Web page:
Amid complex egos, Fernandez triumphs as just 'plain Mary Joe'

August 30, 1991|By Sandra McKee | Sandra McKee,Evening Sun Staff

Mary Joe Fernandez is so pretty every ball boy wants to wor her matches. Young men line up five deep to watch her practice. Television commentators spend a lot of time trying to match her up with David Wheaton on the men's tour.

Having just turned 20, Fernandez has become the latest heartthrob on the women's pro tennis tour.

In the process, she has also become the top-ranked American player at the U.S. Open. Today, Fernandez, seeded fifth, takes on Radka Zrubakova in the third round.

The slight, tanned young woman from Miami is more comfortable with the ranking than the image.

"A heartthrob? Am I?" she said, laughing. "It's great! But I'm 20. Twenty. God. I don't even like the word. I wasn't ready not to be a teen-ager any more. A heartthrob? I don't want to talk about it, but if people are interested, just say I'm single and looking for someone to get me over being 20. I think there is probably less pressure being the No. 1 American player than being a heartthrob."

She is not broad-shouldered like Gabriela Sabatini, who won the Open a year ago and has gone on to establish herself on a consistent level with the very best in the game.

She is not a smiling, giggling teen-ager like Jennifer Capriati, or flighty one like Monica Seles. She has had no brushes with controversy, like Steffi Graf or Martina Navratilova.

She says she is just "plain Mary Joe" and she likes it that way.

"There is nothing about me that is controversial," she said. "There isn't any dirt."

In the players media guide, a person can learn Graf collects T-shirts and shorts; that Arantxa Sanchez Vicario loves to listen to the Beatles to relax; that Navratilova has four Shiba dogs and two Persian cats; that Capriati's favorite movies are "Big," "Ghost" and "Pretty Woman." But there are no such tidbits about Fernandez. No glimpses into her personality. No favorite foods, favorite music or favorite anything.

The only thing to be learned is that since joining the women's tour in 1985, as a 14-year-old, Fernandez managed to stay in school and earn her high school diploma as a straight A student at The Carrollton School in Miami in 1989.

But somehow the tennis world has found Fernandez, and it has found her simply irresistible.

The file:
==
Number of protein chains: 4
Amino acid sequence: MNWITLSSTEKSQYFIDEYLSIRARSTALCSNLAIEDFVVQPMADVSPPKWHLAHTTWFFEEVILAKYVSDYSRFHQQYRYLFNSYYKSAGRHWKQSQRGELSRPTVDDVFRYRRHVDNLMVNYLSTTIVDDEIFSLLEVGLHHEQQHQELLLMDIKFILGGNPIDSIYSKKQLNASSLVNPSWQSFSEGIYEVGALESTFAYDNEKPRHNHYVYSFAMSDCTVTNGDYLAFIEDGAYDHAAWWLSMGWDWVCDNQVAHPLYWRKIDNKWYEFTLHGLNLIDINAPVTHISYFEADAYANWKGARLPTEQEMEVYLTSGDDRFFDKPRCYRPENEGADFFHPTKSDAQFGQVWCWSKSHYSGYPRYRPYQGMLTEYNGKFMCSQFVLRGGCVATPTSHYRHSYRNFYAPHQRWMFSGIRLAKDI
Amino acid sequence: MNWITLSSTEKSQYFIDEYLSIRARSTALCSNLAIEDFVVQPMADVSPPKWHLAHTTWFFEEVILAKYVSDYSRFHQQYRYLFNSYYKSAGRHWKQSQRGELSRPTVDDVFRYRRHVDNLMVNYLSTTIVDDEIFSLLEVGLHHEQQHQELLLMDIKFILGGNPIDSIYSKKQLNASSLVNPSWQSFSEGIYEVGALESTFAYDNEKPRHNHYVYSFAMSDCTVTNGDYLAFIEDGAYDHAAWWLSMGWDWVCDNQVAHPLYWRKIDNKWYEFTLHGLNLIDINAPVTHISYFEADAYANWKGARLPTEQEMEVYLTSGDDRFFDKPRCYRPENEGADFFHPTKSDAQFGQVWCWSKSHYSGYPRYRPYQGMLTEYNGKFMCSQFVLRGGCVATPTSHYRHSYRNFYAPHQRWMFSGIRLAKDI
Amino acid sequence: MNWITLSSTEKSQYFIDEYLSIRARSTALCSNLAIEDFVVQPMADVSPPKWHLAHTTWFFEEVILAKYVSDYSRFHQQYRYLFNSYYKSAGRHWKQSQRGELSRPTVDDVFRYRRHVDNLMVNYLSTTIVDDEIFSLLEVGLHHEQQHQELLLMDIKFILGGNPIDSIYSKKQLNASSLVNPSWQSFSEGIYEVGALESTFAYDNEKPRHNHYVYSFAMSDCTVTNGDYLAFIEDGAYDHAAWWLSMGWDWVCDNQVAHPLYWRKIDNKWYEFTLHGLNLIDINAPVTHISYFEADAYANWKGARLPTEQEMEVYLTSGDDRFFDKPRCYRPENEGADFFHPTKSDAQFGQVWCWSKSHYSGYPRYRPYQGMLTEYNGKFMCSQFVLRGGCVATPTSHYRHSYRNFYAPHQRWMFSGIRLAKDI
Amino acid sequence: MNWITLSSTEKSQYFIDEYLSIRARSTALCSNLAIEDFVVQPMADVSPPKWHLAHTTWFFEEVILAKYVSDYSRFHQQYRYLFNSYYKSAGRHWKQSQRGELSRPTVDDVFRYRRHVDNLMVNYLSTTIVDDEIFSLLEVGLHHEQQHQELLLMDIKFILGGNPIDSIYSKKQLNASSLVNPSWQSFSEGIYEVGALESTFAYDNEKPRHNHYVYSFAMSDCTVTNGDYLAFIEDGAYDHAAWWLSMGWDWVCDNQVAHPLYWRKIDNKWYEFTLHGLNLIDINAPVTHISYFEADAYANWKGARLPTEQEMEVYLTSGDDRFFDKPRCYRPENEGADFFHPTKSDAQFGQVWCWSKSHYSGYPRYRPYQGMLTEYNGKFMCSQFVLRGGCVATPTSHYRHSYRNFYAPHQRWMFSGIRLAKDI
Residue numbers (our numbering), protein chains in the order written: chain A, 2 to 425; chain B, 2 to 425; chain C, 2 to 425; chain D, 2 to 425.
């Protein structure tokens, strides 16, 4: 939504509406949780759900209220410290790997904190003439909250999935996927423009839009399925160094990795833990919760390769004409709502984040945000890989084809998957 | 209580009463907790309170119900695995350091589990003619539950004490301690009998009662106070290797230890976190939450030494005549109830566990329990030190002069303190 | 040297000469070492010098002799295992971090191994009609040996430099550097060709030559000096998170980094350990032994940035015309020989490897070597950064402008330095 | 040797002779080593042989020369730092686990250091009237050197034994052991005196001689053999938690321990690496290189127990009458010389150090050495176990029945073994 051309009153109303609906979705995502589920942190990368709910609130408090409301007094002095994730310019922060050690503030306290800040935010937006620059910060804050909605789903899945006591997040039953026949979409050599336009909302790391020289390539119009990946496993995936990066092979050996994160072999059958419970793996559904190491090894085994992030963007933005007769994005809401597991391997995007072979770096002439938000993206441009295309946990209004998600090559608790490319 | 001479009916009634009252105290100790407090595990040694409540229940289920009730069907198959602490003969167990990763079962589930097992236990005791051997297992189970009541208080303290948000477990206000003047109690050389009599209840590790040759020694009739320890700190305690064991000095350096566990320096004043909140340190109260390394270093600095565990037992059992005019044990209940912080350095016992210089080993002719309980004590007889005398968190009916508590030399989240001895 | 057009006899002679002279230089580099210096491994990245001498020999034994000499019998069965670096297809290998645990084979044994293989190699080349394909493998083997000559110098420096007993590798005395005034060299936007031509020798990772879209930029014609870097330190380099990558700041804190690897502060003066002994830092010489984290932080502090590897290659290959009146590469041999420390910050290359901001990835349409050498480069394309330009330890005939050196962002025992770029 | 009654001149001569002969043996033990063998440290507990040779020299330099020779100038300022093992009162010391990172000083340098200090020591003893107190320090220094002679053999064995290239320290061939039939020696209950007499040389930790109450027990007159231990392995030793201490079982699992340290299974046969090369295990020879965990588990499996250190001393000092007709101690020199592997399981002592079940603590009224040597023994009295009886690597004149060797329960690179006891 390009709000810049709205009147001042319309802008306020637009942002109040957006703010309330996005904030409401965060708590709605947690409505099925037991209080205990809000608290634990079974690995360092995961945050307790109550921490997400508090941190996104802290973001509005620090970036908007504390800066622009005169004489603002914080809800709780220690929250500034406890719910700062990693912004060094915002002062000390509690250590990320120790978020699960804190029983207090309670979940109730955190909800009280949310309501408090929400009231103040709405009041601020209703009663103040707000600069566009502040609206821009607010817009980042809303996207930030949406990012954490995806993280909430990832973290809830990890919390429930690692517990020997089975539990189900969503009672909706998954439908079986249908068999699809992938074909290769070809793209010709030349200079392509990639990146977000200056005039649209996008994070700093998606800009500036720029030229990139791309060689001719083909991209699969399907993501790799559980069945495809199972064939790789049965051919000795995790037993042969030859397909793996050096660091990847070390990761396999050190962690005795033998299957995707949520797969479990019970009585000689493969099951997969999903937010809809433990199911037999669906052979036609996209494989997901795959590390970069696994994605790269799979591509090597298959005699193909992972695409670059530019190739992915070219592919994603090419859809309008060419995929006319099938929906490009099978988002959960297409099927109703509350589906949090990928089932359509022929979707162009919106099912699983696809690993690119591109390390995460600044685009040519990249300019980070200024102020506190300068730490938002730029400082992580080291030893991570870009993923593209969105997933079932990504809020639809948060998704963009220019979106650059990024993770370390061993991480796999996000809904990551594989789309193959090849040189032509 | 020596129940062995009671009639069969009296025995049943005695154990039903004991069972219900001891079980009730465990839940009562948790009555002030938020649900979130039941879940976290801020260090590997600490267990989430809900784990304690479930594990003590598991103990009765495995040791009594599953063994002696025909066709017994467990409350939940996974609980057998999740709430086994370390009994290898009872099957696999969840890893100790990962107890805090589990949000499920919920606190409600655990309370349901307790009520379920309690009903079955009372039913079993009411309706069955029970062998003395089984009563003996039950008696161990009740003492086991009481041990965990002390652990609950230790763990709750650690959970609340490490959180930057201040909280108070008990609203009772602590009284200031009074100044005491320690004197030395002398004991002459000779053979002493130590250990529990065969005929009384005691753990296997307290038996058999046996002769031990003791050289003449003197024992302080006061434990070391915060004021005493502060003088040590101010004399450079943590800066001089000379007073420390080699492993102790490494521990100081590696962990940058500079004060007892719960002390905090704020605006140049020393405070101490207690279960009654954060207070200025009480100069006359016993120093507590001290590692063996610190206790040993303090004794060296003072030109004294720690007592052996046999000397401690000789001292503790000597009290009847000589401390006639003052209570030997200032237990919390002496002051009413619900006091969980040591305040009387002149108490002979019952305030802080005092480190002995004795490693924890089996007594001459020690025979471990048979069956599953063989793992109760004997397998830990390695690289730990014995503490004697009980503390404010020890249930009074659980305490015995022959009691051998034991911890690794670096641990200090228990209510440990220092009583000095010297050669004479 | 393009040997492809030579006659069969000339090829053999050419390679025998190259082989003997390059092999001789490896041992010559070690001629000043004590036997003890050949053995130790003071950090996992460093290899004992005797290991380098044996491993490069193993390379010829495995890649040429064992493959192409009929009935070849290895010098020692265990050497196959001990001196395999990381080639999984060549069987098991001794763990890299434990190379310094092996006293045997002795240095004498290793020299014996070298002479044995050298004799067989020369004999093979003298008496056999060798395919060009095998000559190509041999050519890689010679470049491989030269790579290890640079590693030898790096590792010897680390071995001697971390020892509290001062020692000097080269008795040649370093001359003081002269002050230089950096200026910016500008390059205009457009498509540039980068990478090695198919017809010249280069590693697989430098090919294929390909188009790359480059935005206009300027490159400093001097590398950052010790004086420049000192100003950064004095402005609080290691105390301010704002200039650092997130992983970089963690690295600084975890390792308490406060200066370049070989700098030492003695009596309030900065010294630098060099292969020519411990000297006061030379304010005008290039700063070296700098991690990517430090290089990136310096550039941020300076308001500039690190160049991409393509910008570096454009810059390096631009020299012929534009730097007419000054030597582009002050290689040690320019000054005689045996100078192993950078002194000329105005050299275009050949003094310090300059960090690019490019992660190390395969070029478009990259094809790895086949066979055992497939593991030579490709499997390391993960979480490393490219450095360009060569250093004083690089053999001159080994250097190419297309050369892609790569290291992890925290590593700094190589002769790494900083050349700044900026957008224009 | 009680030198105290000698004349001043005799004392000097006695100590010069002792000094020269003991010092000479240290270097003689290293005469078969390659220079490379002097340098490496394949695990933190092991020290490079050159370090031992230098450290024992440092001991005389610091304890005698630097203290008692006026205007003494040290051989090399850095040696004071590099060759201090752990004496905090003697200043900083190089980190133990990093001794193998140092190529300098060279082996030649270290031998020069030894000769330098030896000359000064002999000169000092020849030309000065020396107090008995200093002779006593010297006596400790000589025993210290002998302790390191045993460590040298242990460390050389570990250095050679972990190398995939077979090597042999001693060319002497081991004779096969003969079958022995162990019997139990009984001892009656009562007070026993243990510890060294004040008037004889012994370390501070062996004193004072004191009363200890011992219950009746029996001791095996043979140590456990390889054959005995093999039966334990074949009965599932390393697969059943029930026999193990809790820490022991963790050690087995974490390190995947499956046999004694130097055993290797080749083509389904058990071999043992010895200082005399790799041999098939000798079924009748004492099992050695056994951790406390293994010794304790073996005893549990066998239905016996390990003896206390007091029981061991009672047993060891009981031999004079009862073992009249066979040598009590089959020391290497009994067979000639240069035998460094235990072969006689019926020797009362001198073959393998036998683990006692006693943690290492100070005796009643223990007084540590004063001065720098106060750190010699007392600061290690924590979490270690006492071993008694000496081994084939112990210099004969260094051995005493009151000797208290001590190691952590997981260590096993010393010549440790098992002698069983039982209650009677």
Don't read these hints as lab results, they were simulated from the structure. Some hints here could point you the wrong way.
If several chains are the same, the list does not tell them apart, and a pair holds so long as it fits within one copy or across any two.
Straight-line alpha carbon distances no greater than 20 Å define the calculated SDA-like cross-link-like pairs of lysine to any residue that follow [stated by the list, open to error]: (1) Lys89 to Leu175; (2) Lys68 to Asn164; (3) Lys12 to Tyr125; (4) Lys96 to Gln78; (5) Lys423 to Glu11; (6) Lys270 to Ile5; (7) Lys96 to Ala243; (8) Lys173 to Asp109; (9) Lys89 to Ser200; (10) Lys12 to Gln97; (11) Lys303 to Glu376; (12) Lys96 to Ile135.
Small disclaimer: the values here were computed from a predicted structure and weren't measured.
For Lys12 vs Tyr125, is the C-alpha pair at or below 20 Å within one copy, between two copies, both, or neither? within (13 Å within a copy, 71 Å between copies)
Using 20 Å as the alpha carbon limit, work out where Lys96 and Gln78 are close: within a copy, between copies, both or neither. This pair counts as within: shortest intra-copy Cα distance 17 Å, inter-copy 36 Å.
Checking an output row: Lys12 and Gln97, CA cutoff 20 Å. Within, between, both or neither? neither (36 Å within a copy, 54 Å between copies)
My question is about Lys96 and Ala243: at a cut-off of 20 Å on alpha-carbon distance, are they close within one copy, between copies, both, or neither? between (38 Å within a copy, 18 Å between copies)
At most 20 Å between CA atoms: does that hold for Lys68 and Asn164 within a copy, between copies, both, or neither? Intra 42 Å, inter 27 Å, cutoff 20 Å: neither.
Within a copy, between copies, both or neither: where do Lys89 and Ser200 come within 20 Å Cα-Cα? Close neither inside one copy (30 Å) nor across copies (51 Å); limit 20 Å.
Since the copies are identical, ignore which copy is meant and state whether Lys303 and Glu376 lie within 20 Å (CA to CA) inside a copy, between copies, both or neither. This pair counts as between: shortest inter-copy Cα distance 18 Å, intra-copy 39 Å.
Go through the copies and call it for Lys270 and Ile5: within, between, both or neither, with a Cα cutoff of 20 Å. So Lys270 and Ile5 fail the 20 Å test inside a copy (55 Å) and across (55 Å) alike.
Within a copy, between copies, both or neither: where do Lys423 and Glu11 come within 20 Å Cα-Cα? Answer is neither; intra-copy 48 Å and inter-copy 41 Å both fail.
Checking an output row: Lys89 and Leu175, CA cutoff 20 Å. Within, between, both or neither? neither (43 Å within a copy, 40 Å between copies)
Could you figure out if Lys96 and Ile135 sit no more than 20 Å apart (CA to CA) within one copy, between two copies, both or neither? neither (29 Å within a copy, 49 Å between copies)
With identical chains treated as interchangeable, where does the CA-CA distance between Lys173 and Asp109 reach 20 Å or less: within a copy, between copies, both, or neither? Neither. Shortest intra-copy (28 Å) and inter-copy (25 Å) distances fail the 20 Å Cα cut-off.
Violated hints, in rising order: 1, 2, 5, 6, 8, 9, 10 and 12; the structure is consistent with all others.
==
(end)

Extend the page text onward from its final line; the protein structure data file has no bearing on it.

At 5 feet 10, 130 pounds, she isn't overwhelming physically, but her consistent all-around performance on the court has forced her opponents to respect her game.

The only thing that seems to disrupt her placid exterior is the criticism that she doesn't have a killer stroke.

"I feel I have a forehand that I do a lot of damage with," said Fernandez. "It's not Steffi Graf's forehand, but I'm very intent on my game right now and I think all I need is to get a bit stronger and to develop my serve more. I think I can do more damage with my serve and that would help me to be more aggressive."

She seems to have everything else. She is a good strategist. She isconsistent. She knows how to mount a good defense from both sides of the court. But she could use some of Jimmy Connors' grit.

"Since I graduated from school two years ago, I've been working much harder," Fernandez said. "Last year, I found I was weak and not in good enough physical shape to compete week after week."

Working out with weights has helped her conditioning. So has a five-hour regimen of swimming, stationary bike riding and on-court wind sprints, although she is not interested in becoming another Sabatini.

"I don't want to get big and muscular," she said. "I just want the strength, so I won't get hurt. I want to use the strength as a ## preventive measure from injuries."

The work has paid off. This season, while still bothered by bouts of heat exhaustion, Fernandez has been a semifinalist in six tournaments, including the Australian Open and Wimbledon, losing to Seles and Graf, respectively. She also reached the quarters at the French before losing to Sanchez Vicario. In 1990, she was a finalist at the Australian Open.

"Since I made it to the finals of the Australian Open my own confidence has improved," she said. "It was the first time I ever thought, 'Hey, I can play well and I can compete against the girls out there.' It was the first time I wasn't scared of them. It makes a huge difference on the outlook of the rest of the field.

"The next step is to move into the top three and to do that, I havto win a major event," Fernandez said. "Last year was important, because I moved up and broke through to where I hadn't been before. This year, I've been close to breaking into that next level. But it just hasn't come yet. I think I have a good chance of doing it, but consistency gets you only so far. It has gotten me to No. 5, but with Steffi and Monica and Gaby and Martina, sooner or later, to get beyond that, I have to win."

Baltimore Sun Articles
|
|
|
Please note the green-lined linked article text has been applied commercially without any involvement from our newsroom editors, reporters or any other editorial staff.